Q. I have been running my business for a few years and to this point I have had no problems but I am beginning to wonder what sort of IT security measures I should take to protect the business? I am not a computer whizz.
A. It might feel like you have to be a whizz to get on top of these things but the majority of what you need to know are common sense cyber habits all of us should be practising every day.
IT security is a large hairy beast of a topic and ranges from micro transaction card phishing to massive international scams involving governments and the military. The realm of concern for the average small business is at the smaller end of the scale.
Basic cyber security dictates protective measures that include passwords, data backups, virus vigilance, email protection, safe downloads and such things that you typically can advertise or employ yourself.
The National Cyber Security Centre (ncsc.govt.nz) has a suite of resources around proper cyber security such as NetSafe Security Central (securitycentral.org.nz) which has specific advice for certain groups of internet and computer users including small businesses.
You should also be looking to establish habits and systems to maintain a level of vigilance that is supported across your business by employees, contractors, suppliers and customers. You cannot control all these parties but you can have a benchmark for best practice.
Establishing a cyber-use policy in your business is a good way to document the standard you want to set so it is a recorded bottom line. Controlling employees' online behaviour and use of your company technology resources is a big weakness, so having a policy setting expectations gives you a place to start a conversation and a place to come back to if someone starts pushing the boundaries.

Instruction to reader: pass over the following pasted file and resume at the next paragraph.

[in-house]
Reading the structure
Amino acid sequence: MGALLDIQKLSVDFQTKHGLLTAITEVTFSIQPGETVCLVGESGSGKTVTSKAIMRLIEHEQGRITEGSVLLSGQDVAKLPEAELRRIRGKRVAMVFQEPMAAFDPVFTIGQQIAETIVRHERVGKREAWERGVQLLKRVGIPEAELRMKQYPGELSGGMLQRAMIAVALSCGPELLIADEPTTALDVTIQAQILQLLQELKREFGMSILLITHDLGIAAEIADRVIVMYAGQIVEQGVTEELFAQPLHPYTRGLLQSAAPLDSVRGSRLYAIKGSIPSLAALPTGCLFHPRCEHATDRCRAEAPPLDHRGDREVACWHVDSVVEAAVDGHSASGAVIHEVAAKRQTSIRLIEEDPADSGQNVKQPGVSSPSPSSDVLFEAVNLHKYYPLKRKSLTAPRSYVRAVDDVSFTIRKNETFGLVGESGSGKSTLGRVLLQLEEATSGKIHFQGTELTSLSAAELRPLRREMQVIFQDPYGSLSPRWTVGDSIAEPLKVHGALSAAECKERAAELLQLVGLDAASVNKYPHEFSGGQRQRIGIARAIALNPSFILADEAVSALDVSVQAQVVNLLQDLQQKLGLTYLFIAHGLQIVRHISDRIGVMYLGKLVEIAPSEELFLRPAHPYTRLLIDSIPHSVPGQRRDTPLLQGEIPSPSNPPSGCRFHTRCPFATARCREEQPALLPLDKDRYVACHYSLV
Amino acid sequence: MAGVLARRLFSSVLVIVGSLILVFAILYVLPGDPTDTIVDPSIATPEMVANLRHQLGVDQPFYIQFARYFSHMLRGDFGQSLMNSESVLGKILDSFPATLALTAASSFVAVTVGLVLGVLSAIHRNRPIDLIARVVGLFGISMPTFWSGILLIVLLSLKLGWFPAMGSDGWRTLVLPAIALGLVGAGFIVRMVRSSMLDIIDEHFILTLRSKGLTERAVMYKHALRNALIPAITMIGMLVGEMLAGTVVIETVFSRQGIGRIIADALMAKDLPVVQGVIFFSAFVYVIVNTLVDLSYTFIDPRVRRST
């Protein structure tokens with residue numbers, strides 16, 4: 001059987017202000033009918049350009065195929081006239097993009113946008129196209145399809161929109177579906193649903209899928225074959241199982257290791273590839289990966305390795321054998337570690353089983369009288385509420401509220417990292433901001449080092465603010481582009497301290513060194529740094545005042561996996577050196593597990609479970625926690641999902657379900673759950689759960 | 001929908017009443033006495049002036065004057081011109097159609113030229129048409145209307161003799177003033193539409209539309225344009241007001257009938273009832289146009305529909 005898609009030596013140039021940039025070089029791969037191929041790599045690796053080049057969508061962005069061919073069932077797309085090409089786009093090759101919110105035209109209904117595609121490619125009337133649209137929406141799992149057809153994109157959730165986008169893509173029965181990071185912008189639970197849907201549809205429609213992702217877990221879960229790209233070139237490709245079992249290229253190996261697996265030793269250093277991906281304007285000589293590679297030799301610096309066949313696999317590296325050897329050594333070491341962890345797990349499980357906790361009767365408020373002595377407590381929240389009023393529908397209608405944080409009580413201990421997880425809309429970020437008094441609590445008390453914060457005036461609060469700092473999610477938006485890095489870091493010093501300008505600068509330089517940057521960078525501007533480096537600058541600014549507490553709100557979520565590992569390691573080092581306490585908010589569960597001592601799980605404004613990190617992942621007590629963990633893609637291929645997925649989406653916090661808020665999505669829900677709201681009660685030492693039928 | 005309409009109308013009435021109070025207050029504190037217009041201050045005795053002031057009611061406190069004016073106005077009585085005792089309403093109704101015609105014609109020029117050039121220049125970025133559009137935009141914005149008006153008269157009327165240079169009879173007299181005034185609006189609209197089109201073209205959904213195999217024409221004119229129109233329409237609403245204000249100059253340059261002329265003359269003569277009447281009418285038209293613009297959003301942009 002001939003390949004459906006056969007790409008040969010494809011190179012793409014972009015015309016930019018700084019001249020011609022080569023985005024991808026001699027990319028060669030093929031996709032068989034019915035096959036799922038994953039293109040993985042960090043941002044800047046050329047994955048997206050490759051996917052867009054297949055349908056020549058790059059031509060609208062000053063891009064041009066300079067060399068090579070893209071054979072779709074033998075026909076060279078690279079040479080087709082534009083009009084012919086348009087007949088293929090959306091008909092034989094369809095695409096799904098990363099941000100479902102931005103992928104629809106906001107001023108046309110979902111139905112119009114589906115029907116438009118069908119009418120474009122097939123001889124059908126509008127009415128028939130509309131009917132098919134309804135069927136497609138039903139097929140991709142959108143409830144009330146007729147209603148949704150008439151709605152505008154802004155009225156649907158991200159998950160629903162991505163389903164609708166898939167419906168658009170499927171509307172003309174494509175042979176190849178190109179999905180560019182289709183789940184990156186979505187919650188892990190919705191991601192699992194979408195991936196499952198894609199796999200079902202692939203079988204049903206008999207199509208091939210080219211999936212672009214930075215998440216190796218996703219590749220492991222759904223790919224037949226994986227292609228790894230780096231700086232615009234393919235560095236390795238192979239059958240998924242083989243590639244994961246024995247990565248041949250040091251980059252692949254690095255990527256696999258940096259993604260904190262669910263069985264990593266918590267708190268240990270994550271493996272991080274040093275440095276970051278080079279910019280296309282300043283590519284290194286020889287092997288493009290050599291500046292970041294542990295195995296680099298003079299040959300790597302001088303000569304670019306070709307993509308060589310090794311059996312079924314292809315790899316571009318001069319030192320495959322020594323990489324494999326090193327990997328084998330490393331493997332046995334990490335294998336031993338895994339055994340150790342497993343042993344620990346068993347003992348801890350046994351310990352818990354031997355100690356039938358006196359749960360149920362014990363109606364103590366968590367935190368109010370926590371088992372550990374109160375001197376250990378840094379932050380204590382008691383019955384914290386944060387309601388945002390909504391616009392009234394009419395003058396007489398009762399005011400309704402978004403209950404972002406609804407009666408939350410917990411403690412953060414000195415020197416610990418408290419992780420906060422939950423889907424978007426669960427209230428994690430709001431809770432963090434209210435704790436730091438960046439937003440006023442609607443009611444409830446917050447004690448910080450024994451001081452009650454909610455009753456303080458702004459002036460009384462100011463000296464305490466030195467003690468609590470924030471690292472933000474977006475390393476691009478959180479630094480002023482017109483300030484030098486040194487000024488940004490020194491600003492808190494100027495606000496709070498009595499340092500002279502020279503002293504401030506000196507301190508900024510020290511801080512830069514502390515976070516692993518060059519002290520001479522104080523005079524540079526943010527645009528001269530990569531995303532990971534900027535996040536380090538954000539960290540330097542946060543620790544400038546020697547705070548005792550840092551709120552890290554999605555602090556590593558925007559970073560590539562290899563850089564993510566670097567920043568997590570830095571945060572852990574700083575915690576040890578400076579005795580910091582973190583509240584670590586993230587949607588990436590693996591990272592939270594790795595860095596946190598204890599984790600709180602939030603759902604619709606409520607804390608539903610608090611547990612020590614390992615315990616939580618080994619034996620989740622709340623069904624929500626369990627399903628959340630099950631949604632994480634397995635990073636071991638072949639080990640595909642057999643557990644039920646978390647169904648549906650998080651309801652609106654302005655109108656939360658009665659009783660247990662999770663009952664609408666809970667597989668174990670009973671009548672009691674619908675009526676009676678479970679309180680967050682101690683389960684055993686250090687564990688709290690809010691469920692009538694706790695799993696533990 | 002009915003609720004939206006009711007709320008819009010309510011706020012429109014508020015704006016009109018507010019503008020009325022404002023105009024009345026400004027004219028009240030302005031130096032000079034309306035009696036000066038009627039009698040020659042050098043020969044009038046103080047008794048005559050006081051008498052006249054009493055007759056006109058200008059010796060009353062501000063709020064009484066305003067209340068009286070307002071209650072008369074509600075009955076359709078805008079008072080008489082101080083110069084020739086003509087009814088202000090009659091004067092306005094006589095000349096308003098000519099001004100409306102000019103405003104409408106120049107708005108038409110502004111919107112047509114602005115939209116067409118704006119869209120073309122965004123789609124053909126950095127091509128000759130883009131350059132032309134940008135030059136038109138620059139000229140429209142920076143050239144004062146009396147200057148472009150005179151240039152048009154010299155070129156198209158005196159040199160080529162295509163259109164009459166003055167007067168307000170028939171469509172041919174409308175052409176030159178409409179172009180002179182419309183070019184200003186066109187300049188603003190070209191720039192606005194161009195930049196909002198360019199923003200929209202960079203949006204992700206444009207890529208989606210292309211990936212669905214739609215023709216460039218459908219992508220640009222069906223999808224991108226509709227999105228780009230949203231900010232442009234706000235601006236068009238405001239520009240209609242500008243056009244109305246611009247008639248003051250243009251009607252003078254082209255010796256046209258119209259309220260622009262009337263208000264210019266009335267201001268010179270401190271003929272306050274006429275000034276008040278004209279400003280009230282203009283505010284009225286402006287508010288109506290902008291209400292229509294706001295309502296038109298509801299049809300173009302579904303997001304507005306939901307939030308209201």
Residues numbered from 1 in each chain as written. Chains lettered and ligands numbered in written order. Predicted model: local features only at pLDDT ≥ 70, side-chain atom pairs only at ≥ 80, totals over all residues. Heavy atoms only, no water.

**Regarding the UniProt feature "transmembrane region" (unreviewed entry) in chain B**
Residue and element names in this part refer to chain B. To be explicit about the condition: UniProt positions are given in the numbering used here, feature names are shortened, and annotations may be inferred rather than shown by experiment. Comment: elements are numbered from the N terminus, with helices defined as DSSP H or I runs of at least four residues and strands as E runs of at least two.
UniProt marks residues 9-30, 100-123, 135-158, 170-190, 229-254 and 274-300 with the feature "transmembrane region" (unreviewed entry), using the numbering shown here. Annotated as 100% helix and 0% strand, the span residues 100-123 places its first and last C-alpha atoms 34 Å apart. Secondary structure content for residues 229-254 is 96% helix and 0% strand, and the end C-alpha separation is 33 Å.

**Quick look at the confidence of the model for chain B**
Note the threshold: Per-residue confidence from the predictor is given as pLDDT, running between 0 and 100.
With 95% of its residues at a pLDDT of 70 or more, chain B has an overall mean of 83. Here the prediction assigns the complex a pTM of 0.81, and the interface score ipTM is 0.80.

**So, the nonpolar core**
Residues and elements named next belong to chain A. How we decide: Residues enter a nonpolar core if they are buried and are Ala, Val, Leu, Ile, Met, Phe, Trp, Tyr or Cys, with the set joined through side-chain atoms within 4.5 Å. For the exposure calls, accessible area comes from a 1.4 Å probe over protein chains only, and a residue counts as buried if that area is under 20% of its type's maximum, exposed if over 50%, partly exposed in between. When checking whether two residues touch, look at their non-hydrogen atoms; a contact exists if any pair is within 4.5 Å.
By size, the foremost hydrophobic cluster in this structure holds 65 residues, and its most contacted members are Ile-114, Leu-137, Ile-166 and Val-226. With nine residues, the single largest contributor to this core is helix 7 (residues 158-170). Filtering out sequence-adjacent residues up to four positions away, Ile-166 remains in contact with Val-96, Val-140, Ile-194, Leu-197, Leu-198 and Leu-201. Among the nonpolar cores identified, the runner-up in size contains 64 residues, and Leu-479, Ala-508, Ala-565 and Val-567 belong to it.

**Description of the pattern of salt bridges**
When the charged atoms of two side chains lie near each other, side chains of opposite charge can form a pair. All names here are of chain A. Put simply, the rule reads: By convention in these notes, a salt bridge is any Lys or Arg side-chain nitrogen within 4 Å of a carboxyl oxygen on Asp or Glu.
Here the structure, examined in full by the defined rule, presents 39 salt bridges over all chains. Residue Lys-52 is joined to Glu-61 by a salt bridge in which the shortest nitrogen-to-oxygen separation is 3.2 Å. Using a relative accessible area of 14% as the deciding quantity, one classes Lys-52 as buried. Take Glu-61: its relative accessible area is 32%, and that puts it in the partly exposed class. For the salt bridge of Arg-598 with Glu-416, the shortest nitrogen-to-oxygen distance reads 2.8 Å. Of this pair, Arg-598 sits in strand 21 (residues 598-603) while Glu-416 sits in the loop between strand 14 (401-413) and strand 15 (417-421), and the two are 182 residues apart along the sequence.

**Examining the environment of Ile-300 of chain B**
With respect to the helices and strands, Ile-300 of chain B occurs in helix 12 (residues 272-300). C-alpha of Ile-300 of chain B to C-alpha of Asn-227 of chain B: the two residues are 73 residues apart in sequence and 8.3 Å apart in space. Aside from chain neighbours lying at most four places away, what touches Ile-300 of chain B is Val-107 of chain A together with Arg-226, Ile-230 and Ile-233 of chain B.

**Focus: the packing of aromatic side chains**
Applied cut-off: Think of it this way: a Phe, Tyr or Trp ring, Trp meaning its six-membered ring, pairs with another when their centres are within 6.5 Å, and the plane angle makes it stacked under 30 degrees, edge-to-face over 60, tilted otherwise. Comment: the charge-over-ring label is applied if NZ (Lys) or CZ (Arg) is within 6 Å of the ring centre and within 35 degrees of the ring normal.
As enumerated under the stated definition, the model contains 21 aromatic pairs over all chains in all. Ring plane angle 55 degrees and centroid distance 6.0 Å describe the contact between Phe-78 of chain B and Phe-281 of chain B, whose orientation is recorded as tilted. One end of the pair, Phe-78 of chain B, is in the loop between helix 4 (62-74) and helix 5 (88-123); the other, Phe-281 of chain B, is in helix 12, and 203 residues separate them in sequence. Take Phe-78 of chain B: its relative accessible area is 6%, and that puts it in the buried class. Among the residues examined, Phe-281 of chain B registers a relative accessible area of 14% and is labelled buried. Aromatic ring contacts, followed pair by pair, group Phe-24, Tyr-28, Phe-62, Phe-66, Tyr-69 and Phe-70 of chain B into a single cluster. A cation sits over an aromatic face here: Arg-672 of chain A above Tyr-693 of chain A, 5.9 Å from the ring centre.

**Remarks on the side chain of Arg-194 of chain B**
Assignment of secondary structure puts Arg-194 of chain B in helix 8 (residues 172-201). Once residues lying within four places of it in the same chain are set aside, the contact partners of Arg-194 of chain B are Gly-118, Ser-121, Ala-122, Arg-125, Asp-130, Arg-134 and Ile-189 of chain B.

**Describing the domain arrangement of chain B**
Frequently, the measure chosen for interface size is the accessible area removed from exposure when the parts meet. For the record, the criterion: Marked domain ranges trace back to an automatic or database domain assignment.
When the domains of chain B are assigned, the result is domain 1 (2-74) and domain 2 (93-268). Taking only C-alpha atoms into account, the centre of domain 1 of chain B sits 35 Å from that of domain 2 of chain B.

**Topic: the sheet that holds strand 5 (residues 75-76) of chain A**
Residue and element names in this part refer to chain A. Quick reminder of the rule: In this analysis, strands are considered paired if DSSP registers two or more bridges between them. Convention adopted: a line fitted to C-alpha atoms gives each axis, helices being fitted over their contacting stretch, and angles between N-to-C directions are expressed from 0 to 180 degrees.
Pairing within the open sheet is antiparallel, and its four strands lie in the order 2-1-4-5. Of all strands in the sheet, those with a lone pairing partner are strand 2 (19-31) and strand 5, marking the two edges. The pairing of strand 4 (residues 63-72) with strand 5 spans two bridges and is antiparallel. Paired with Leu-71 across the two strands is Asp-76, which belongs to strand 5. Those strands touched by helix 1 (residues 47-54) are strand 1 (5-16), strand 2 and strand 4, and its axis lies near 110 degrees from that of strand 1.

One thing to emphasise is safety around the use of mobile devices, which are fast becoming the way of connecting, certainly for businesses with mobile teams. If you pay for your team's phone use, their devices fall under your cyber responsibility umbrella. Now that people are online pretty much everywhere all the time, the risks are perpetual even when people are at home using a work device or accessing work systems remotely. It is near-on impossible to separate personal use from business use but you can set principles around how this should be managed and the risks it generates mitigated.
If you have a more involved IT setup then you may benefit from more specific products and processes to address your key risks. Get advice if your needs are more complex. It is important to get the right fix for your type and size of business.
Nick Churchouse is venture manager at Creative HQ, www.creativehq.co.nz
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